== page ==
Spoilers ahead for the Netflix series ‘Typewriter’.
The last time we saw Palomi Ghosh in Goa, she was belting out Konkani pop songs in shiny dresses and falling in love with her married mentor and band leader.
Ghosh is back in Goa, this time as a mother of two who holds both the lock and the key to dark family secrets. “Somebody described me as the go-to Goan girl, it must be some past life thing,” Ghosh joked during an interview. She was relatively unknown when she played a character modelled on the legendary singer Lorna Cordeiro in the Konkani musical Nachom-ia Kumpasar (2015). Ghosh’s performance made it entirely possible to believe that she was of Goan stock rather than a Bengali raised in Gujarat and the United States.
In the Netflix horror-themed series Typewriter, Ghosh plays Jenny, whose mother has died a violent death, whose grandfather wrote a mystery novel that appears to be a book of spells, and whose doppleganger is haunting the corridors of her ancestral home.
The series, directed by Sujoy Ghosh, has a double dose of Ghosh. She is the wife of an architect with his own secrets and the concerned mother of a brat and a bored teenager. She is also the lookalike spirit who has the power to suck the life out of her victims.
Ghosh is a bit too young for the role (like Jenny’s past, Ghosh’s age too is a secret). Yet, it is a measure of Ghosh’s dexterity that it hard to distinguish between the two Jennys. Ghosh plays the role straight, without the hysterics usually associated with the scream queen archetype from horror films. To know which Jenny is in a scene, you need to carefully watch Ghosh’s face, register the slightest change in expression and see the eyes sparkle with evilness and the cheekbones harden with murderous intent.
“It was all in the writing, and I followed the graph and Sujoy’s instructions,” Ghosh told Scroll.in. “The two parts were very different, and I didn’t want it to be obvious. This is this other half of Jenny that is not so pleasant. The role required a lot of internalising. The challenge was to do the reveal just when it was needed.”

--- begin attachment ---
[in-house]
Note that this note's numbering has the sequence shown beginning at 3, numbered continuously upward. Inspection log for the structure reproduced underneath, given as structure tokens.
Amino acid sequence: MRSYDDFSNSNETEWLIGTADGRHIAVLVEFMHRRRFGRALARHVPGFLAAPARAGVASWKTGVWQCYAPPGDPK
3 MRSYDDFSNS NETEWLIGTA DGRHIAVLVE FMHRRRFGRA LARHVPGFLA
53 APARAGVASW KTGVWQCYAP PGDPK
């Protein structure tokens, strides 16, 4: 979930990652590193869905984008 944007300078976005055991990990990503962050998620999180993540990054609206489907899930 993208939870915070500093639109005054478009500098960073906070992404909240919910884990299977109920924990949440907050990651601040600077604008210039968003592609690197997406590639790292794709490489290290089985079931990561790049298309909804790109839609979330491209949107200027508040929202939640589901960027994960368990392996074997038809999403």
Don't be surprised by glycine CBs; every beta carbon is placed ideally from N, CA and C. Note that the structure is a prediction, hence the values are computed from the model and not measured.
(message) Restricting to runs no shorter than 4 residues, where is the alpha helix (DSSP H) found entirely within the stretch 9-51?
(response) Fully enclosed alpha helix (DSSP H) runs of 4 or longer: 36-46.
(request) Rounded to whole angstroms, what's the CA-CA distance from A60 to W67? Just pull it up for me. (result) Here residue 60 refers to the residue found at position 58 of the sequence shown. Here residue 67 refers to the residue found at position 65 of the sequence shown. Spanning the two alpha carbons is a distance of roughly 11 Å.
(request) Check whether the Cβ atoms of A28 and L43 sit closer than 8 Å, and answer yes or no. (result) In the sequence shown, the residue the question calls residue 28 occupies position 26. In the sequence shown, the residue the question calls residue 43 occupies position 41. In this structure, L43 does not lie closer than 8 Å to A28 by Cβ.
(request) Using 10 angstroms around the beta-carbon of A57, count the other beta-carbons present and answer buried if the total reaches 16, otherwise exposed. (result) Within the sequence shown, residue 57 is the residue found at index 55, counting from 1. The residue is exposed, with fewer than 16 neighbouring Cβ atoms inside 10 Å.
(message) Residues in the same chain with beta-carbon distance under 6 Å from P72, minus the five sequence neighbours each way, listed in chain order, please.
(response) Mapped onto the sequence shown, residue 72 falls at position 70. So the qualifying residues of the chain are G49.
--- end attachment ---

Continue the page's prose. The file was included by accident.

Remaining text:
Typewriter will be premiered on July 19. Apart from Palomi Ghosh, the cast across the five-episode series includes Sameer Kochhar, Purab Kohli, Harish Khanna, Jisshu Sengupta, and four find-outers who share an obsession for ghosts and mystery.
Among the highlights of Typewriter was the opportunity to work with the child actors Aarna Sharma, Aaryansh Malviya, Milkail Gandhi and Palash Kamble. “I love working with kids – they’re so honest, and you have to be true to them,” Ghosh observed. “We goofed around a lot and were making boomerangs and things all the time.”
Ghosh was cast in the five-episode series in late 2018. She had never met her director before – “I had seen him a few times at events, but I didn’t want to go up to him to say hi and invade his privacy.” She plunged into the shoot right after being cast. “This seems to be the case with all my films,” Ghosh observed.